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First data on in vitro fertilization and blastocyst formation after intraovarian injection of calcium gluconate-activated autologous platelet rich pla
While autologous PRP has been successfully applied therapeutically to various tissues to accelerate healing and wound repair, this is the first description of direct injection of activated PRP into the human ovary of poor prognosis IVF patients. Evidence of improved ovarian function was noted in all who received intraovarian PRP, possibly as early as two months after treatment.
www.tandfonline.com/doi/abs/10.1080/09513590.2018.1445219?journalCode=igye20
218. Can injection of activated platelet rich plasma [PRP] improve IVF in older women ? [Forum/Discussion]
from: Administrator (office@fertaid.com), Australia on 19/03/2018 12:07:40 PM Profession:
Comment: The injection into the ovaries of women with impaired follicle recruitment with autologous activated platelet-rich plasma appears to improve follicle recruitment, recovery and embryology.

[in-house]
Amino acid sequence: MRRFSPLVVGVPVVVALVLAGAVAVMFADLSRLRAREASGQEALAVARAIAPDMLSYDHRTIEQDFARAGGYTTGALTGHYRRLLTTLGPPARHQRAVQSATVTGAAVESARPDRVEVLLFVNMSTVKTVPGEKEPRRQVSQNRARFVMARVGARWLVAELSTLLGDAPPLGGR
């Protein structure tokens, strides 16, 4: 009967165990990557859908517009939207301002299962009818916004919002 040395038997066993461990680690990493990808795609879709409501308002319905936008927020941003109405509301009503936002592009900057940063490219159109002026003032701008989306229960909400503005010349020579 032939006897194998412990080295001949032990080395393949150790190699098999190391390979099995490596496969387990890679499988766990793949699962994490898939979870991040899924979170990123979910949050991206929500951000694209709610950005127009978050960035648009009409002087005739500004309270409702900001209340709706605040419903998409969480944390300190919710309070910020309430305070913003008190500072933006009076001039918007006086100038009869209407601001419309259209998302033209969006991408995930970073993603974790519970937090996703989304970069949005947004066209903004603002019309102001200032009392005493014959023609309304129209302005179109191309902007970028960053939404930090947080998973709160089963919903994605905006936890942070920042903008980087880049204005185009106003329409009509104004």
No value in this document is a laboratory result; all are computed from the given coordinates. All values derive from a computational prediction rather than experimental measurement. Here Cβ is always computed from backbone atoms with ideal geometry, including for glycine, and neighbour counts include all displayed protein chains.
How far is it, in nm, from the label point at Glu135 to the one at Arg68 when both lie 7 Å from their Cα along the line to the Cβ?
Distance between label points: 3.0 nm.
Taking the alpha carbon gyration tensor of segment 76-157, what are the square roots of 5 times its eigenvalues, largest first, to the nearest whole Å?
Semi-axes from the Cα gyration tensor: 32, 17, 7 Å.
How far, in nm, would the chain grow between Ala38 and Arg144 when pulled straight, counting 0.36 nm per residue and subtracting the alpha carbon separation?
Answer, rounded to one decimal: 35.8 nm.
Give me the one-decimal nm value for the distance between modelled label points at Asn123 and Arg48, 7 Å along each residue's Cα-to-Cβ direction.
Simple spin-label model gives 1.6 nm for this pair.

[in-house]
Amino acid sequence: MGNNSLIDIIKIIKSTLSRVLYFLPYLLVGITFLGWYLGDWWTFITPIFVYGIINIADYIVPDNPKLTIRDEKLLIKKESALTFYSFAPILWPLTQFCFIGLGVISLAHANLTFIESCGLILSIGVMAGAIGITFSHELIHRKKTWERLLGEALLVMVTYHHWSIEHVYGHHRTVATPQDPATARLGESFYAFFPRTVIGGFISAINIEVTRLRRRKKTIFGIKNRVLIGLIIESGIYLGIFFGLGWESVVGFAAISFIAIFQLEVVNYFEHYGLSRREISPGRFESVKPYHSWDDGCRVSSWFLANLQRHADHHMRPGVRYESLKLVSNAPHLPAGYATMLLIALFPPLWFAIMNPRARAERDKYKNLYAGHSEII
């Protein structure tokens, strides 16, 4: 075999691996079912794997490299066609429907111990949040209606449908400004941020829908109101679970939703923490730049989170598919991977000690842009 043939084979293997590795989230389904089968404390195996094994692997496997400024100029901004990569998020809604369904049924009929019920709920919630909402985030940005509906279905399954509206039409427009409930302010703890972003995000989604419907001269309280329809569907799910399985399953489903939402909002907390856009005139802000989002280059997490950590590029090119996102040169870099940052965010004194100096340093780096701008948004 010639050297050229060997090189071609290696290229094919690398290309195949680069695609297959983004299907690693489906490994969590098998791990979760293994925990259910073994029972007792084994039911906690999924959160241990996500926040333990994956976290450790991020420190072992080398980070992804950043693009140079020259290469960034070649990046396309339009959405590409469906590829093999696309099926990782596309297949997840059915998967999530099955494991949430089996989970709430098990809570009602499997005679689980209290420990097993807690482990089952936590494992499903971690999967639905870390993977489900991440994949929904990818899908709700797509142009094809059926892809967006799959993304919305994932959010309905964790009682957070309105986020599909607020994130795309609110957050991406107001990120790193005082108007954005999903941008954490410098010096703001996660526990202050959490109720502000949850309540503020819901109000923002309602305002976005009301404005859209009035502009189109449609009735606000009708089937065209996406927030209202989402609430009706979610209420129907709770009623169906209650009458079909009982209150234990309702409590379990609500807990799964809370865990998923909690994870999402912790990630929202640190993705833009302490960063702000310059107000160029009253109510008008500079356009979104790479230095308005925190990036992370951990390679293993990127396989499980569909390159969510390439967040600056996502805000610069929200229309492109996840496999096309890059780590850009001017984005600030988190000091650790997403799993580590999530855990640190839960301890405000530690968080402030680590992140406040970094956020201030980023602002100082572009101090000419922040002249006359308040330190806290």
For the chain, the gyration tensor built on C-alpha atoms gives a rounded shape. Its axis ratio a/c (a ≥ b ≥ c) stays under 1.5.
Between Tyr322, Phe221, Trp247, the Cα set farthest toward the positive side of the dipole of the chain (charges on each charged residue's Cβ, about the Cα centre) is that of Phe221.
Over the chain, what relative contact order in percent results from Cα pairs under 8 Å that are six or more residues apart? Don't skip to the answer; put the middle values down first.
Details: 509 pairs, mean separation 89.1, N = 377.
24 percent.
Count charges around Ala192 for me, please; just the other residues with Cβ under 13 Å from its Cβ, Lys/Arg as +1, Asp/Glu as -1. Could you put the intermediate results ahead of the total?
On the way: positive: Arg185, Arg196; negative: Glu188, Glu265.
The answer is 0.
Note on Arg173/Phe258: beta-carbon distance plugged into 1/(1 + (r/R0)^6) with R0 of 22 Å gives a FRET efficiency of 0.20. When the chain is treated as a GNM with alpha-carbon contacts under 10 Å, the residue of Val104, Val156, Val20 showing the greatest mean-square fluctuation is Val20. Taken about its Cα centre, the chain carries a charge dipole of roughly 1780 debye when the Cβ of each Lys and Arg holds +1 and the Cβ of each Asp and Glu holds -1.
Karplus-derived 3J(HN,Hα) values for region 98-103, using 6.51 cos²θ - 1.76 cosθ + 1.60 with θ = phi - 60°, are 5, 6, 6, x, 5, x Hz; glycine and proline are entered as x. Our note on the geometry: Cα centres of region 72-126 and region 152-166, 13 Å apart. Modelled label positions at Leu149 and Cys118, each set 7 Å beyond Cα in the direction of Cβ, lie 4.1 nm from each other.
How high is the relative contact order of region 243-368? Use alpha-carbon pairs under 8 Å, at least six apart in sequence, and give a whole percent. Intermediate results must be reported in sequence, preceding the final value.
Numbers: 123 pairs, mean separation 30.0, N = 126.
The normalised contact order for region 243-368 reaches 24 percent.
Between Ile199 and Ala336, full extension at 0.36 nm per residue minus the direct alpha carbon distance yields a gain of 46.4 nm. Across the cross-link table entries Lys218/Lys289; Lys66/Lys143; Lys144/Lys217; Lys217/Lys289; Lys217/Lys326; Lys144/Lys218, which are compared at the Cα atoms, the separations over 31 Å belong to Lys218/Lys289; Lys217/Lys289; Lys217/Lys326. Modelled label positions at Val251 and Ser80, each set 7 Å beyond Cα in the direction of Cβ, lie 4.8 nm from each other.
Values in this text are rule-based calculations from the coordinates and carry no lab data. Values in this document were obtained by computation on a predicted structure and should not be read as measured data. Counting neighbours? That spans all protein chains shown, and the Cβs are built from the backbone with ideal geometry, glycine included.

Submission: In a first report by an American clinic, four women, who previously had at least one cancelled cycle due to poor follicle recruitment, had blood collected and a platelet-rich sub-fraction harvested [PRP]. The platelets in this fraction were activated using calcium gluconate and the suspension then returned to the ovaries using a reverse oocyte collection aspiration needle. The suspension was injected into the central body of each ovary with residual injection into the cortical region.// AMH and FSH were monitored as an indication of follicle development over a period of between 59 and 110 days. FSH fell significantly while AMH concentrations rose in a variable manner.// After IVF stimulation and collection, all four clients had 4 or more oocytes recovered, all had blastocysts that were either vitrified (embryo banking) or transferred (x1, pregnant).//The authors explored whether the PRP which contains various angiogenic and cell proliferation growth factors have rescued or connected to growing follicles or whether it encouraged new oocytes (either primoidal or from stem cells) to grow. Regardless, growing follicles do need a healthy vasculature (as another article in this mailout argues).// All clinics are faced with a never ending number of older women and/or those with ovarian failure. Other treatments that include growth hormone or androgen protocols also work to varying degrees. PRP may provide a new and insightful alternative or co-treatment for such clients that is relatively passive and may just, in some cases, provide the additional viable oocytes needed to produce a healthy blastocyst. After all, it only needs one good embryo for pregnancy and one pregnancy changes a clients forever. As the authors note, this concept needs further studies and validation leading to clinical trials but as a number of individual case reports, it seems a interesting first study.//
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